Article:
Starrett still holds the bar high

This is an important topic on tape measures and rules, I just wish I had the time to go into great depths here but that one thing I always lack in…. Time!

I will show some examples of low quality tape measures and I didn’t have the time to do some sample shots in rulers.

The first is a Kobalt 6 foot tape measure.


You will notice that according to my drawing which is drawn in AutoCAD it’s a 32nd off.


Now here is it’s big brother.



It too is off by the same amount.

Now for Starrett.



Right on the money in fact I accidentally moved it off a bit when I took the photo but it was right in the middle of the line.  It’s pretty amazing when you think of it that a cad program who knows nothing about imperial or metric but thinks only in generic units as they all do is so bloody accurate.  But as you can see for yourselves that it proves that Starrett still holds the bar up high in terms of accuracy and quality.

Now this may not seem like a big deal to most of you, wow a 32nd off and actually it isn’t if you follow the simple rule.  Whatever measuring device you are using stick to that throughout the project otherwise you will without a doubt run into serious complications.  However if you own a high quality measuring device and you checked this device against your other rules then you will be fine throughout project if you choose to switch between tape and rulers.  The funny part is that this Starrett tape measure only cost me 6 pounds as I bought it from the UK so it wasn’t expensive at all unlike the square I purchased that cost $180.  All in all it’s a small investment to get accuracy, I will still keep the Kobalt though for measurements on longs boards but the Starrett is for all my fine work.

Whether your in business or not that’s never the point always buy the best tools you can afford because your work is as good as the tools you use.  Of course most tools now days are very expensive but on the flip side you buy them once in your life, you get what you need over time as it doesn’t have to be overnight and you stop.    It’s a lot simpler for hand toolers but harder for the machinists, we only need a certain amount to get the job done while marketers do a great job in wetting your appetite so everyone wants a Festool I on the other hand don’t but it’s in the thing and they’re great and completely out of reach for the average home hobbyist but if your in business you justify to yourself that you can’t work without festool yet you did for all those years.  This is because the same message has been repeated over and over again for years and finally the message got through to you and wetted your appetite for something you actually do not need.  The same happened when Stanley was no.1 in the world of hand tools so nothing has changed only the tools.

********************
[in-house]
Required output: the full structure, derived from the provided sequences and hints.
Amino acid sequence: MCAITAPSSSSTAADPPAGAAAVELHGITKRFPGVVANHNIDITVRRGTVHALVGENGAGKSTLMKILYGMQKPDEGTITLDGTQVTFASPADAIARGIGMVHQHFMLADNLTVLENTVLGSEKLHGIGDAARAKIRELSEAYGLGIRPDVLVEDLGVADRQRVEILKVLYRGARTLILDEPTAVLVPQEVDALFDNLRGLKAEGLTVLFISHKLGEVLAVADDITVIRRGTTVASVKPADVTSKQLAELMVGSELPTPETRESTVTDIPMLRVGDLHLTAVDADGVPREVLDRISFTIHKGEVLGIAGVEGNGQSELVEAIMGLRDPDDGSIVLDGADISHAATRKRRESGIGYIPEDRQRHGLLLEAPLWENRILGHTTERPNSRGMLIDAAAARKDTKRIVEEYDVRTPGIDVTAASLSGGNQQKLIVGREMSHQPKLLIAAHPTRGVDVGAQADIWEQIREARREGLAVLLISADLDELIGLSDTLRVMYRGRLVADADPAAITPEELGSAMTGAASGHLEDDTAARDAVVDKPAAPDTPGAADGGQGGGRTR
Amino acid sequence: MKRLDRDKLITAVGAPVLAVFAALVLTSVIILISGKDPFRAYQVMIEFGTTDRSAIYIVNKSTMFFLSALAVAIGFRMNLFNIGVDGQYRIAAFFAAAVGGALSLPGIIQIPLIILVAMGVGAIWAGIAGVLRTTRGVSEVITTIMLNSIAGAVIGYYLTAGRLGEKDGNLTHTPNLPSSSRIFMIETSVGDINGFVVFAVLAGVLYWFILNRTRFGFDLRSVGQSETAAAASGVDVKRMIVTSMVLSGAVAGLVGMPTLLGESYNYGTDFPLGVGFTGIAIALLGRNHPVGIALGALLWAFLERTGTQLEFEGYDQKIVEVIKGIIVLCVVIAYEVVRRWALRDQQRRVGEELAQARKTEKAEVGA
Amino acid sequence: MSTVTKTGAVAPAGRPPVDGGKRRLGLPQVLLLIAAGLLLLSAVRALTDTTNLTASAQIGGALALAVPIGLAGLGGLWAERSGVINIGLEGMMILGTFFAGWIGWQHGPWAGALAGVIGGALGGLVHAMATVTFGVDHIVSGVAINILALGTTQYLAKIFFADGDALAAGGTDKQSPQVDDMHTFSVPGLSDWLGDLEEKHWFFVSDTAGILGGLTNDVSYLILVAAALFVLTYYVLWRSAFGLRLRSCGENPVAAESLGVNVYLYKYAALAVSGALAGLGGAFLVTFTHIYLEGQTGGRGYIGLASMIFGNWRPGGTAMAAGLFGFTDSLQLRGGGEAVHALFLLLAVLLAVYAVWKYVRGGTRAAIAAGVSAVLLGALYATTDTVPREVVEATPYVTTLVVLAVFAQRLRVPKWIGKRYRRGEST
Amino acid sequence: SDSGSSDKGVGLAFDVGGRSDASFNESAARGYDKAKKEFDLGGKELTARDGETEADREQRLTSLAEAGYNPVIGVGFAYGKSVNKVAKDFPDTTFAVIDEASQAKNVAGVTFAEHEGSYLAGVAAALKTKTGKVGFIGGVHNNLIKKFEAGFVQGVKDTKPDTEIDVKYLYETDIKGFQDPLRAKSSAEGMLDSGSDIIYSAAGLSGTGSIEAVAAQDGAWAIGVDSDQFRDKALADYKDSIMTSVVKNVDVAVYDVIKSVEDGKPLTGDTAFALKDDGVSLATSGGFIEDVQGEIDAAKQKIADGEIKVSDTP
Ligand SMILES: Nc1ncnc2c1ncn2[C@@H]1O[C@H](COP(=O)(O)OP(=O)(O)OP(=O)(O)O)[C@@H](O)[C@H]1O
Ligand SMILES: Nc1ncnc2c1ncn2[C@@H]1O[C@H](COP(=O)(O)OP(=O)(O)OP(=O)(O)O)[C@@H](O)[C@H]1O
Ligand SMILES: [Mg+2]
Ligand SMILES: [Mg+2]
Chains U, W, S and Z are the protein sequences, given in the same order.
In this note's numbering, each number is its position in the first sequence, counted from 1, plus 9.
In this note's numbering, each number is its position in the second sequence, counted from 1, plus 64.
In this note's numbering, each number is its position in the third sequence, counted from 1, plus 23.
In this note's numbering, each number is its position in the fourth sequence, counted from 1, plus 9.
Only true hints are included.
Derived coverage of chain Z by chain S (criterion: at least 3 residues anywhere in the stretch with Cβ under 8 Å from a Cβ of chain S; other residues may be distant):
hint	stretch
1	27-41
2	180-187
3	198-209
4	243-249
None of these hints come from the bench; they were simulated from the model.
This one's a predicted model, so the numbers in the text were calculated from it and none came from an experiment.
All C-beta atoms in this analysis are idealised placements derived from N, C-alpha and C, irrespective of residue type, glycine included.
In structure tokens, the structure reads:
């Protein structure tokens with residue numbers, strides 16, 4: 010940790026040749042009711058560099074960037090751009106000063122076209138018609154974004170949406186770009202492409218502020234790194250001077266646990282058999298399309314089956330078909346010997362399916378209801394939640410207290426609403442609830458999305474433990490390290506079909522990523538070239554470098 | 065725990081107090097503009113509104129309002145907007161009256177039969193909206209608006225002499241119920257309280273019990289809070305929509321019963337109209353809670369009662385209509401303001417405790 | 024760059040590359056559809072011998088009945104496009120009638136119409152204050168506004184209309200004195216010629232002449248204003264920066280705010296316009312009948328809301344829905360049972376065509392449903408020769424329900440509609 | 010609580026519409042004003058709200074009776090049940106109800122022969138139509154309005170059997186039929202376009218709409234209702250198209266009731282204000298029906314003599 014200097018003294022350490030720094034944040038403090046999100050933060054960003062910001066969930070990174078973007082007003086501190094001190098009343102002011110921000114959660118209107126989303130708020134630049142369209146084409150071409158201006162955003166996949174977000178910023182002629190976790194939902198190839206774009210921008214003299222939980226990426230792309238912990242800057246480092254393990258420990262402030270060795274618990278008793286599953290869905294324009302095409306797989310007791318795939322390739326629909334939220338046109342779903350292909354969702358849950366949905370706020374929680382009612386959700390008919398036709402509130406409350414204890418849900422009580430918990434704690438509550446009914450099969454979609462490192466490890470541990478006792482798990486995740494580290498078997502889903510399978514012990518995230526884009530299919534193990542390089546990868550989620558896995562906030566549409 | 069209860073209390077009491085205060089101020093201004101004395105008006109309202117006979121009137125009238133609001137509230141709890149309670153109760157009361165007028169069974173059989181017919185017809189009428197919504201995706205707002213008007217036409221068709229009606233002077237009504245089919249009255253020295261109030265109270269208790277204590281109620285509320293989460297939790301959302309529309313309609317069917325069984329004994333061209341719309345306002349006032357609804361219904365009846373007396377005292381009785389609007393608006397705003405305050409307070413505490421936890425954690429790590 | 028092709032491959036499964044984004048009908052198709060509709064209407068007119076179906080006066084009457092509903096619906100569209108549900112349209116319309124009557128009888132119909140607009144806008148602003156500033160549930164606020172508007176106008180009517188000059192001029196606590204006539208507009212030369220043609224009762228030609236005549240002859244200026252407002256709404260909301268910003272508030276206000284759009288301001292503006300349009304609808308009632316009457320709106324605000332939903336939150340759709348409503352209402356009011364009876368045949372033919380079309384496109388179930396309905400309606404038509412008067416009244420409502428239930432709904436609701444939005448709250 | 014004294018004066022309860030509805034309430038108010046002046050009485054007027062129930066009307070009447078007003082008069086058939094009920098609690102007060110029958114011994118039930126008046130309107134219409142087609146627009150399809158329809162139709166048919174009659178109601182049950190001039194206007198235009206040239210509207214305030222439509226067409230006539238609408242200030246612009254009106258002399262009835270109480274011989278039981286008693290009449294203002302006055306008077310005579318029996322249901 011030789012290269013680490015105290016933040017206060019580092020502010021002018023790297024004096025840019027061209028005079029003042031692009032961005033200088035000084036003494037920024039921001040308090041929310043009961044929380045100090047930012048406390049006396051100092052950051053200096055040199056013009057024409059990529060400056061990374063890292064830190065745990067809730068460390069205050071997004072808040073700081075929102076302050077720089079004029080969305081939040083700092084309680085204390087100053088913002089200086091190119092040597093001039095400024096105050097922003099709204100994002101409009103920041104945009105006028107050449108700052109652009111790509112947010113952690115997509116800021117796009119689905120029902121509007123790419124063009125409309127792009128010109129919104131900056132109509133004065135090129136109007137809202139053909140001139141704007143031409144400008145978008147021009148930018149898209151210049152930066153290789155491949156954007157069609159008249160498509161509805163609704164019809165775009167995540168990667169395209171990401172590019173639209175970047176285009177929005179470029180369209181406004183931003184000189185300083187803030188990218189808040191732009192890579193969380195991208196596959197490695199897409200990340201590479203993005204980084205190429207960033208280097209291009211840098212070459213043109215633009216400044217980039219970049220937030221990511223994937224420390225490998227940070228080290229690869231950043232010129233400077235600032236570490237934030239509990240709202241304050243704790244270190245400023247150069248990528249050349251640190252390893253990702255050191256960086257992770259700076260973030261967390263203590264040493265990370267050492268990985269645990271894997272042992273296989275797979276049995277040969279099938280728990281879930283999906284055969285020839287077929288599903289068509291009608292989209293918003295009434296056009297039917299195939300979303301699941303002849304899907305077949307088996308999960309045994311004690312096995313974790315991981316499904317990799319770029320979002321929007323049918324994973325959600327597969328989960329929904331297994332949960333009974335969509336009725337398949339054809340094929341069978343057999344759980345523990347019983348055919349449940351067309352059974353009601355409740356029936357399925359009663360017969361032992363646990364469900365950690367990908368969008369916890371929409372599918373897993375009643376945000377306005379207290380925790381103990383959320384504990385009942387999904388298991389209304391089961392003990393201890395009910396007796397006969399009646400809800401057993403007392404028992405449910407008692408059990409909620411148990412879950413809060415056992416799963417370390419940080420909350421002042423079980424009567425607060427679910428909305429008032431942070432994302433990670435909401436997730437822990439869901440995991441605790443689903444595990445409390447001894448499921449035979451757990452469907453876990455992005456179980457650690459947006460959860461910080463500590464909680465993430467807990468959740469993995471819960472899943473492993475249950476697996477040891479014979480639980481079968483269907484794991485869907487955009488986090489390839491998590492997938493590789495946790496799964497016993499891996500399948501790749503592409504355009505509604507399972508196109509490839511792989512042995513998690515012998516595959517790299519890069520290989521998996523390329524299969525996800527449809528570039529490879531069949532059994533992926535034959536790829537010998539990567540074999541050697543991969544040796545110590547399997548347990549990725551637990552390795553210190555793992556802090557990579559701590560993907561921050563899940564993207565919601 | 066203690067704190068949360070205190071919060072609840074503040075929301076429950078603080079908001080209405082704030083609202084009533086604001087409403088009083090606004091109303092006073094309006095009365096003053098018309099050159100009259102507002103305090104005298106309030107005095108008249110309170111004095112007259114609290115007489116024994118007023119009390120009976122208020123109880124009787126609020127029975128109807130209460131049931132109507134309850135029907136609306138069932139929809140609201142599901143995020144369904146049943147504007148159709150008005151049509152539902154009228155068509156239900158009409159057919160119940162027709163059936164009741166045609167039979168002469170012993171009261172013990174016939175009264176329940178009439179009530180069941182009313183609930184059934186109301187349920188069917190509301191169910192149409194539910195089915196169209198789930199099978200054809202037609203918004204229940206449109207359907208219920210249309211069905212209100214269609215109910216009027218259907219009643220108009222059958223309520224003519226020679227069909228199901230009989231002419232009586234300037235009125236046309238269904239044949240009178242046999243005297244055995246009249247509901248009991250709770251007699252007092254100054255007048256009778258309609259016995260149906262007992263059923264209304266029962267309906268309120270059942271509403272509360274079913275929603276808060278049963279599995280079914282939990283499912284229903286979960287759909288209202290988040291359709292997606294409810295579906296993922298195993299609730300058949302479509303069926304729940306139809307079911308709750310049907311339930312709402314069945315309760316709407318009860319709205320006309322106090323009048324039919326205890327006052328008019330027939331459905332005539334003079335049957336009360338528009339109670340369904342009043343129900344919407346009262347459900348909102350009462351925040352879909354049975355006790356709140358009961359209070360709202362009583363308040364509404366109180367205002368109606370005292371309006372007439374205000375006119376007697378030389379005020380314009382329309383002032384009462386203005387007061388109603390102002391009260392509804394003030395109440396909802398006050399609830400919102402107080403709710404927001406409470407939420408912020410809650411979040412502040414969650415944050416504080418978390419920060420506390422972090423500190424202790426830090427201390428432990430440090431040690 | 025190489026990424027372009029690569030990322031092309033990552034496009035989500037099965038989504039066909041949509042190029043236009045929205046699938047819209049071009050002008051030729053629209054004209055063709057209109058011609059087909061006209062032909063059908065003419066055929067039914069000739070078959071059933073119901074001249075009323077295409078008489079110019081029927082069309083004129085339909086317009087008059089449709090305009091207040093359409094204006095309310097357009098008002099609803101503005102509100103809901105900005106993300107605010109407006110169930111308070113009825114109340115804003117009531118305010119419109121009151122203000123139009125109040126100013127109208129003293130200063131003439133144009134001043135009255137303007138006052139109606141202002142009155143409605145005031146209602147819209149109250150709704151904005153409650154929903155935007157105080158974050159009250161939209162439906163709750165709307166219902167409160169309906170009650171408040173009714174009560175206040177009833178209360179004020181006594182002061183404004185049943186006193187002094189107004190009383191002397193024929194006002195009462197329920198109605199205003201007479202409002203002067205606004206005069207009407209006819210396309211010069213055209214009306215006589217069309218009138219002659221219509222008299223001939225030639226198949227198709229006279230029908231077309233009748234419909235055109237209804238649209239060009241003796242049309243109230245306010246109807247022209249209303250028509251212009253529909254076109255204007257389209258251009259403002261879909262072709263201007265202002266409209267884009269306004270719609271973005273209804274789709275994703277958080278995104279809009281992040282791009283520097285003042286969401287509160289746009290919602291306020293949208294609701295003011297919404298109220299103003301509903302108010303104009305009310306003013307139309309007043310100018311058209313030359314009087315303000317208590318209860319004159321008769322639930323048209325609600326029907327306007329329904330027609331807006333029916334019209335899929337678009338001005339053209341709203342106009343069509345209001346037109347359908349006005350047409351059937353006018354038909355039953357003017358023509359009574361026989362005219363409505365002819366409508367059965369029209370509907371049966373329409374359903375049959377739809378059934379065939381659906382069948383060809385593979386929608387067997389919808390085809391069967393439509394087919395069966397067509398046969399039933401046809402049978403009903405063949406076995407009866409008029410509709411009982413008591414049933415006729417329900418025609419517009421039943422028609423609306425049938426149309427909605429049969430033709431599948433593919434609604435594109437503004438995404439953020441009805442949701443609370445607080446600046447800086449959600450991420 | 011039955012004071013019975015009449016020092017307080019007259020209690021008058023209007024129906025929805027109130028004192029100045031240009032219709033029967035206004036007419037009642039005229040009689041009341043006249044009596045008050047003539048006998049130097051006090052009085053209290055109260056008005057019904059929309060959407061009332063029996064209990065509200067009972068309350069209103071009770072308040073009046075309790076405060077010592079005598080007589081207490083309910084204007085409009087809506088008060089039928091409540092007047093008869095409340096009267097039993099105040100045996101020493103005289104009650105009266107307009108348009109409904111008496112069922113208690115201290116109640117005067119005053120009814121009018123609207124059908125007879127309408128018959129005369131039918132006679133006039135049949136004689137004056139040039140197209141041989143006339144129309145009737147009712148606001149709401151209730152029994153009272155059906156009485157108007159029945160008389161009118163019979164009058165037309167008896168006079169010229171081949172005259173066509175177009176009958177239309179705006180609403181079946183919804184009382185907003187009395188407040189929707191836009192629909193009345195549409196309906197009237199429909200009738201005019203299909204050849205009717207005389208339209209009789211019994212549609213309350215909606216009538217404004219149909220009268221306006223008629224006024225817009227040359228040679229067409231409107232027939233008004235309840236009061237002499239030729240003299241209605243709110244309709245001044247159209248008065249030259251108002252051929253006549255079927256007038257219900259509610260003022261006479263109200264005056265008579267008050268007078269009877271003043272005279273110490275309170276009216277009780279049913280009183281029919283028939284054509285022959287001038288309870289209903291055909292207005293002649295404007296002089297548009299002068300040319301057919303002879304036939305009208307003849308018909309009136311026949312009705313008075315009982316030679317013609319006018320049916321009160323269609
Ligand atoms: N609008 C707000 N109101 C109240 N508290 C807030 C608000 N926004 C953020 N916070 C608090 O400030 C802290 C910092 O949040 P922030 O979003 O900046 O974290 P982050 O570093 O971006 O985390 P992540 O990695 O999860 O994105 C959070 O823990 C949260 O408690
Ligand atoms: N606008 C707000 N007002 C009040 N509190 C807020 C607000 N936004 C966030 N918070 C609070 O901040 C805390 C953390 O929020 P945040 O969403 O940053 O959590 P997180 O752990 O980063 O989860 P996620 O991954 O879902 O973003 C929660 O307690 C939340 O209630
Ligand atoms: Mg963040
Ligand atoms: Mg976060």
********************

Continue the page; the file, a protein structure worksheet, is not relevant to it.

I know I’ve gone off the topic here but I just had to add this in.  Be in control of your life but don’t be so tight and expect a $3 tool to behave like a quality tool will.


6 thoughts on “Starrett still holds the bar high

  1. I’ve never put must trust in any tape measure. It’s the tip that I find troublesome. The whole inside vs outside measurement idea is fraught with room for error to creep in. Starrett has always been the benchmark though. I have a Starrett combination square that I use mostly for verifying my other tools. At the bench I use Shinwa squares due to there lightness. I have found them to be accurate as well.


  2. That play you find at the tip in the Starrett tape has the right amount of play to give you an accurate measurement which is why I believe the Kobalt doesn’t. I know nothing leaves the Starrett factory without it being tested first hence why you will see a sticker on it that say’s passed, also they give you a warranty card confirming that it has passed all their tests and guarantee to be accurate within so much I cant remember what. I think all the lower end brands test for inaccuracy lol if it’s out of square then it passed. lol However I know what you mean and I too was of the same belief until I finally did purchase this tape. I still use the ruler but you must ensure the ruler is placed square or parallel to your stock another words you cannot slant it even the slightest even you want accurate measurements. Incra is also very good with their pin point holes I also like to use that as well.


  3. I suppose any CAD programme is accurate. What could make a difference is the quality and calibration of the printer. How do you know it is the printer which is accurate and not the tape? It might be interesting to make the test with various printers.


  4. I calibrate my printer regularly but I get the same off measurements against all my rulers so I’ve known for quite some time that the Kobalt was off, but like I said if you stick to one measuring device it don’t matter it’s only when you switch between a ruler and tape and they both don’t line up is when you get into strife.


  5. “I calibrate my printer regularly”.
    I could not infer it from the blog.
    Anyway, I didn’t mean to be offensive.


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